I liked database mirroring since it appeared in SQL Server 2005. In fact, it’s the only HA technique I feel comfortable with (apart from it’s obvious limitations). It’s neither as blunt as log shipping, as random as replication nor as complex as clustering. It either works or it doesn’t – and you know it straight away after you set it up – you don’t have to wait for snapshot to be generated, sent over the network and applied on a subscriber or for a backup to be copied and restored on your secondary.
The incentive for this post was one by Glenn Berry, which held one answer to my mirroring-related questions. The database mirroring is considered deprecated in SQL Server 2012; it’s going to be available in 2012 and the next version, but then it will be removed from SQL Server and replaced by AlwaysOn Availability Groups. Given the releases of new major versions of SQL Server my totally wild guess it would be like… 2018? Later? All in all, it’s not the major point of concern right now, but something worth remembering and planning when time comes.
What gives me second thoughts is the second part of deprecation note saying “If your edition of SQL Server does not support AlwaysOn Availability Groups, use log shipping”. What I understand is – combining it with new SQL Server licensing model – you can get replication and log shipping in Standard Edition, clustering and AlwaysOn in Enterprise Edition, but what about mirroring? I would like it to remain in Standard Edition, but to be 100% sure I asked on MSDN forums and I’m waiting for an answer. On the other hand, if it were to go to Enterprise Edition, I would expect dramatic costs increase due to per-physical-core licensing model, which would not be very welcome by most organizations.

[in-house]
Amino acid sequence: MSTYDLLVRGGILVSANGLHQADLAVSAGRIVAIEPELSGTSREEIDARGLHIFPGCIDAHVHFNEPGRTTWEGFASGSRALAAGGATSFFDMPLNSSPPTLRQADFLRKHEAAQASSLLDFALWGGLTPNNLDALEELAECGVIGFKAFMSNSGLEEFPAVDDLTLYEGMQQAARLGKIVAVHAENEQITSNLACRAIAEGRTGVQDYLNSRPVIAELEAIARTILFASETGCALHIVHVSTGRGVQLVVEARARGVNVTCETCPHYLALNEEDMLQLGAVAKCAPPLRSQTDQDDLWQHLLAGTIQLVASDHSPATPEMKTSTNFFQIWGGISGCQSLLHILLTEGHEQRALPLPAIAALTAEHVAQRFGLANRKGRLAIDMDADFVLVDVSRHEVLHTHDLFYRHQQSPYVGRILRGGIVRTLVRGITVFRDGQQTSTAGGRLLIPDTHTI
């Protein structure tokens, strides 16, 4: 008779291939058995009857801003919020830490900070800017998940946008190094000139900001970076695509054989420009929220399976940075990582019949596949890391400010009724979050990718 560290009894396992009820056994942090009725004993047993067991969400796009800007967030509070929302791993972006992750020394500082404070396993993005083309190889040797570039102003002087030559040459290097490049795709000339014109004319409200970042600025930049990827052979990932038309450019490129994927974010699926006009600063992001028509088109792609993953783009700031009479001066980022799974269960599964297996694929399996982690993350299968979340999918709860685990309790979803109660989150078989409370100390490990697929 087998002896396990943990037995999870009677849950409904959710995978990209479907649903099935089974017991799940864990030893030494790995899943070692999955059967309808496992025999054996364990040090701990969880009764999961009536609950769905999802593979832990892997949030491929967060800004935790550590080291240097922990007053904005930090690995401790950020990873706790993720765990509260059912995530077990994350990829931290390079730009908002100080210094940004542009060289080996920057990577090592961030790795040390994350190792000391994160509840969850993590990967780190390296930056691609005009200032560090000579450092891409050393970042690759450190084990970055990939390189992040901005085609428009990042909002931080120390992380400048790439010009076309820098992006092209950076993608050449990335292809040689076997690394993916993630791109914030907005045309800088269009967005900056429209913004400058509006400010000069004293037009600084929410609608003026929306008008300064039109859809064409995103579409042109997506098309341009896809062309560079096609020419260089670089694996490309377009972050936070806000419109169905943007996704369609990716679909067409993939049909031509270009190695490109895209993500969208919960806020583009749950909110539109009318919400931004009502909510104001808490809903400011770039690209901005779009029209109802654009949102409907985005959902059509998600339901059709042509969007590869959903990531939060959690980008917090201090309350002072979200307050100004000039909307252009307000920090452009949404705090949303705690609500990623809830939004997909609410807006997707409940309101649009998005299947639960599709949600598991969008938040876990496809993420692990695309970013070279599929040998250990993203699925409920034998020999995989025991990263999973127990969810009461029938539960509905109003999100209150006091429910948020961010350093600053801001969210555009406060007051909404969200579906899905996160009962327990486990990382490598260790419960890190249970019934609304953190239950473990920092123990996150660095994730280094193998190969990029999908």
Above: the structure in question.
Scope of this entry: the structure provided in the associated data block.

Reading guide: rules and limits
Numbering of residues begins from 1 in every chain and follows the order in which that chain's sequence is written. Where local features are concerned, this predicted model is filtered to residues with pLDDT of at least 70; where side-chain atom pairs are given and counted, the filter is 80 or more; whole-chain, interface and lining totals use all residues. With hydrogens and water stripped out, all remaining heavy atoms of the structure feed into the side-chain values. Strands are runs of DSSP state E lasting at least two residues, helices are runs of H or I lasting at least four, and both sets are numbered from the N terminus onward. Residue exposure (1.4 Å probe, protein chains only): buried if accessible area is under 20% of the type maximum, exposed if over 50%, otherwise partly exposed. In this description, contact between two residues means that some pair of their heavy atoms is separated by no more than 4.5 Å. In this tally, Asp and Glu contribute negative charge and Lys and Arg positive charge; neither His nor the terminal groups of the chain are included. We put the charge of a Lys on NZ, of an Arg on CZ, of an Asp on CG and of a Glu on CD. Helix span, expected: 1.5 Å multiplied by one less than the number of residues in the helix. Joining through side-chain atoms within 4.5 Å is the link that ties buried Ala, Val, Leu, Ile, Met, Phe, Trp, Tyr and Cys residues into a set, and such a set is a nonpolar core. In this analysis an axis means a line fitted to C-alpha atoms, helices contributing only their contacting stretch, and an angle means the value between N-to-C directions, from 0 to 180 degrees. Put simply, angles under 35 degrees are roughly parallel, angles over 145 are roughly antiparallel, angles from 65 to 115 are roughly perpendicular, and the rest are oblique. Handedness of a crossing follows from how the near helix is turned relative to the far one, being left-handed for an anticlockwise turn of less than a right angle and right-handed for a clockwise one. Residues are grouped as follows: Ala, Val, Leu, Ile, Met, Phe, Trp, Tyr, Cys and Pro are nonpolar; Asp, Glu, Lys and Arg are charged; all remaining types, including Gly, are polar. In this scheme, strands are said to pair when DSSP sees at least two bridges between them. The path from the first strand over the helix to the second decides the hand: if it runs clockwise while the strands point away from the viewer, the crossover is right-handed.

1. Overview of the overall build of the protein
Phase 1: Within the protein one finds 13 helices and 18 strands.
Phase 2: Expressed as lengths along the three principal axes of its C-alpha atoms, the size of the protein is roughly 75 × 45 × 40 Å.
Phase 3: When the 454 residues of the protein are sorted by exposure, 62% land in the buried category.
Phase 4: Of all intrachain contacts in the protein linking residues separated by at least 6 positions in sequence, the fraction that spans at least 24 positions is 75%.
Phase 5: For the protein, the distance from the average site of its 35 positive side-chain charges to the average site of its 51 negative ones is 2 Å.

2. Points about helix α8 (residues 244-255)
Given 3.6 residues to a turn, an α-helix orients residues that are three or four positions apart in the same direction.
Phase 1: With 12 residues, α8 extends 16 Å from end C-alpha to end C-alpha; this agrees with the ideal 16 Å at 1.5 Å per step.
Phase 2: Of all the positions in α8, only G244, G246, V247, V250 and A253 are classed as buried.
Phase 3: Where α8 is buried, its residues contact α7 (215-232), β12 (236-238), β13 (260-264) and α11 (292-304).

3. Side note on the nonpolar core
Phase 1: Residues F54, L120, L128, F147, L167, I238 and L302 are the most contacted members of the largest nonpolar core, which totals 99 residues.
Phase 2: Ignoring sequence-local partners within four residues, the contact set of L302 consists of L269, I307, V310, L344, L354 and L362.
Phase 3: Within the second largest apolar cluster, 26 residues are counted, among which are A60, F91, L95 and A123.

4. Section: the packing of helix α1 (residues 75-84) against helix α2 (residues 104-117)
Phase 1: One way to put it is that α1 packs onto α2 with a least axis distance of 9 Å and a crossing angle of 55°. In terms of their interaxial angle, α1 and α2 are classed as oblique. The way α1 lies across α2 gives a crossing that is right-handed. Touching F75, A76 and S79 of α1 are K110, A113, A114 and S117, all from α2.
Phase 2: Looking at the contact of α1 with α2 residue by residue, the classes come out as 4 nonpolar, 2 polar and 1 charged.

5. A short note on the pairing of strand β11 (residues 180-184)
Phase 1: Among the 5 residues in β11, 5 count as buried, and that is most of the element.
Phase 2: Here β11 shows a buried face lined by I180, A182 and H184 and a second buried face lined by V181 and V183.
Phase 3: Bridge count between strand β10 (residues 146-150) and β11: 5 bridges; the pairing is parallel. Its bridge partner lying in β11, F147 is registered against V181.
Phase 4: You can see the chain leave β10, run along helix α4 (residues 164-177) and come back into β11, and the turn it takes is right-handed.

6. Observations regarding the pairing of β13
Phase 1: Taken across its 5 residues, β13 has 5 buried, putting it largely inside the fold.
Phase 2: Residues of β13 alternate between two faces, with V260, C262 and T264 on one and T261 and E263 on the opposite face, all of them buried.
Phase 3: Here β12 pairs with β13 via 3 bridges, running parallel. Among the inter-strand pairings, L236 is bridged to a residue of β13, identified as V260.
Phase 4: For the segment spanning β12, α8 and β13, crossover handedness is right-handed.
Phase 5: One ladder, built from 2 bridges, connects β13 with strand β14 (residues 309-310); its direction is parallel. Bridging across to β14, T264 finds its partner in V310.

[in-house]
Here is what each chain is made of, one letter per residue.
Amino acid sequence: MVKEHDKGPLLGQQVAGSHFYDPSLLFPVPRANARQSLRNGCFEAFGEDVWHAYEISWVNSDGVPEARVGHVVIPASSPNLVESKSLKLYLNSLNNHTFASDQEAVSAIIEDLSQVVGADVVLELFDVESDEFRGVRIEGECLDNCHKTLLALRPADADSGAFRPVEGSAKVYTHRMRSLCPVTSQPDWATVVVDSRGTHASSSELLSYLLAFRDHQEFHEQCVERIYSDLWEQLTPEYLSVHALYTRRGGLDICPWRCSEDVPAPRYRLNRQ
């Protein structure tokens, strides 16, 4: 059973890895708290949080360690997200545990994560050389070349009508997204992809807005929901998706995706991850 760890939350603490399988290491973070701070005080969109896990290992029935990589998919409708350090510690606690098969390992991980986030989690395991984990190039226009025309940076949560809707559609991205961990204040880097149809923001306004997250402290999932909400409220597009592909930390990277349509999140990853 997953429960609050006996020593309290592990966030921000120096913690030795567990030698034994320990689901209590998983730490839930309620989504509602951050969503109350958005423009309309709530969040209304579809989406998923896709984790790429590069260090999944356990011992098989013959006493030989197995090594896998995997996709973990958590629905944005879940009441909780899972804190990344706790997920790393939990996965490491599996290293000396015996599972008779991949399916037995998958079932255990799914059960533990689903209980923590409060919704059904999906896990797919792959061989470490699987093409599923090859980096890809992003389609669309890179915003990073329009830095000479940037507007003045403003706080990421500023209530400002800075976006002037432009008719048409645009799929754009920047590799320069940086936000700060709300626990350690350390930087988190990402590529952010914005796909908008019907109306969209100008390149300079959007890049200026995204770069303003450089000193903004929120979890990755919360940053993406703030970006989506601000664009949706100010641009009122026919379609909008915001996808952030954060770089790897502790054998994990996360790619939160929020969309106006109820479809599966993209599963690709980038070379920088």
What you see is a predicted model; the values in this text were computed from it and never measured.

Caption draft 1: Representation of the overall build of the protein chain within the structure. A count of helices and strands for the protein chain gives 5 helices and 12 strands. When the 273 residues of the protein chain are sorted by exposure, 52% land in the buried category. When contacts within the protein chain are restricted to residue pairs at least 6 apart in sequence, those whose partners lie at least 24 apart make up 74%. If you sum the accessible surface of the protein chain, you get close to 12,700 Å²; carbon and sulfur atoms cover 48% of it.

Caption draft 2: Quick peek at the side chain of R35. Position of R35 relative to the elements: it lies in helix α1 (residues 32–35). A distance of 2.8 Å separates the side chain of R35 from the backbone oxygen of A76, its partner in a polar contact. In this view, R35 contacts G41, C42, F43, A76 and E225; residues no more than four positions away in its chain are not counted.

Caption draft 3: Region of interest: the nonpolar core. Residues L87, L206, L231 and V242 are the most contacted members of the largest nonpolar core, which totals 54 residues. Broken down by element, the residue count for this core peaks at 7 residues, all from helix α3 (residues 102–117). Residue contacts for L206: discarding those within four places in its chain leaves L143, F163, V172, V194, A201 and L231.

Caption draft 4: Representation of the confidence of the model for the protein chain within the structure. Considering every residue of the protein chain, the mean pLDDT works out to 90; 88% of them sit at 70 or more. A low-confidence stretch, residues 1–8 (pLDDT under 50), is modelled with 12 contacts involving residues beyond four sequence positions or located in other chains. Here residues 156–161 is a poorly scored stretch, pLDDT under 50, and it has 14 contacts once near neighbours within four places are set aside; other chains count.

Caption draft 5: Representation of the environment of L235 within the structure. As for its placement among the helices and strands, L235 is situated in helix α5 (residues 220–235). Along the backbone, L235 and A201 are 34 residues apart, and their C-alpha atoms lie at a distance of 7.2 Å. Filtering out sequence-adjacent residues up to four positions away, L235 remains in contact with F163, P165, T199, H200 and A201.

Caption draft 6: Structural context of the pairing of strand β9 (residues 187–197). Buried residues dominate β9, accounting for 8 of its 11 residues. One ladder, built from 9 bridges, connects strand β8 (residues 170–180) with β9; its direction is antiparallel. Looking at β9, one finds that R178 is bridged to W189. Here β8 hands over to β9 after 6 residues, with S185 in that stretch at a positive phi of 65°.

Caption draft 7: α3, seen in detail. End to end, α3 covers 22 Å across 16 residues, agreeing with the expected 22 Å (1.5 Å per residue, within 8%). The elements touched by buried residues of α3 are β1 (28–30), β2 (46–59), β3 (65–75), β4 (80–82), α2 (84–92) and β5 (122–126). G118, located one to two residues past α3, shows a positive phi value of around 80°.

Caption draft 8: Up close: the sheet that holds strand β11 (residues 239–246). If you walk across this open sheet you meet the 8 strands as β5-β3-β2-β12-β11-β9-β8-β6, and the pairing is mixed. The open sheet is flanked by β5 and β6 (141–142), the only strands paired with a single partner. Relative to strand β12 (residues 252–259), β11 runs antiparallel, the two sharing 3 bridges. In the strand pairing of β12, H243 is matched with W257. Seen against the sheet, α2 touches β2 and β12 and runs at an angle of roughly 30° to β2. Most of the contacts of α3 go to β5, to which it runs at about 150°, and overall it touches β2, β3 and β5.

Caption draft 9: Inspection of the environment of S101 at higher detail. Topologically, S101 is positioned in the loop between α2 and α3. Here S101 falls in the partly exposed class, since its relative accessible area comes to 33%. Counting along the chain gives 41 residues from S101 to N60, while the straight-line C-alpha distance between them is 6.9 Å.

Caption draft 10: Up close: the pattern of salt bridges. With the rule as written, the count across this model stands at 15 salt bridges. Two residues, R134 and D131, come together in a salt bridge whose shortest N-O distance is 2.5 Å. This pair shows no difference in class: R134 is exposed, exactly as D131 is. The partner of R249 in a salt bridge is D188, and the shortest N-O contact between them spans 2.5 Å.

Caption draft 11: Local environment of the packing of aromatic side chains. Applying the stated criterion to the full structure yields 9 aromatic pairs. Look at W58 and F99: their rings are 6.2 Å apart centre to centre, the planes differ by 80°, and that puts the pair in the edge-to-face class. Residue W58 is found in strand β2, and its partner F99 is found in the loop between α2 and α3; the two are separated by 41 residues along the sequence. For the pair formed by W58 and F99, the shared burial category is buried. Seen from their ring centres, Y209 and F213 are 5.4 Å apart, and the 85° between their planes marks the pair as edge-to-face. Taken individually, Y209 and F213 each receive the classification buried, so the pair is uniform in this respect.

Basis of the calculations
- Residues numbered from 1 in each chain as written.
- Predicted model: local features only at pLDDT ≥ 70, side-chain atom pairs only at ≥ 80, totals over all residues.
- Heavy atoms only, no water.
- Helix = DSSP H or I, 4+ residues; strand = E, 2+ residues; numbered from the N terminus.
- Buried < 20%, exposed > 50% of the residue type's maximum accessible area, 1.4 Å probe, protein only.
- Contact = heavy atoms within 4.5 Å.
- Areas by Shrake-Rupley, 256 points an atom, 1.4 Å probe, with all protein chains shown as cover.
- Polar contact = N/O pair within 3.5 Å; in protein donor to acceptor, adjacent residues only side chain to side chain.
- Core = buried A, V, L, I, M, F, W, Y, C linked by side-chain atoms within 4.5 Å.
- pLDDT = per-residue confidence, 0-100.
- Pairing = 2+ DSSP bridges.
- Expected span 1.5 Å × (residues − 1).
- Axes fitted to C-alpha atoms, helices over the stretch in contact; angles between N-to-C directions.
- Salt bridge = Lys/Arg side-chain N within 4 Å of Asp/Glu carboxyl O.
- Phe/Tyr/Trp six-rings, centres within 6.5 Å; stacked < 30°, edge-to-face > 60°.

When it comes to facts about database mirroring apart from standard source of knowledge (Books On-Line) I also recommend the following:
- The forementioned post and it’s sequel by Glenn Berry – a detailed introduction and complete checklist of points to be considered while implementing database mirroring.
- Pro SQL Server 2008 Mirroring – a book by Robert Davis and Ken Simmons, which apparently is not only about mirroring, but also about other high availability techniques as well.
- Blog posts by Robert Davis tagged with database mirroring – lots of additional information.
- An MCM video followed by a demo presented by Paul Randal – to give an insight how the mirroring works internally.
- Microsoft KB article 2001270 on things to consider while implementing mirroring, mentioning exact Performance Objects to watch out for in case of performance issues.
Now few words why I like mirroring in SQL Server:
- It works.
- It allows you to do automatic client redirection in case of failure (provided you have a high safety scenario with a witness) – see an example of implementation, works with SQL Native Client, ADO.NET and SQL Server JDBC driver.
- You can run it on Standard Edition and you don’t need extra hardware for that (unlike clustering).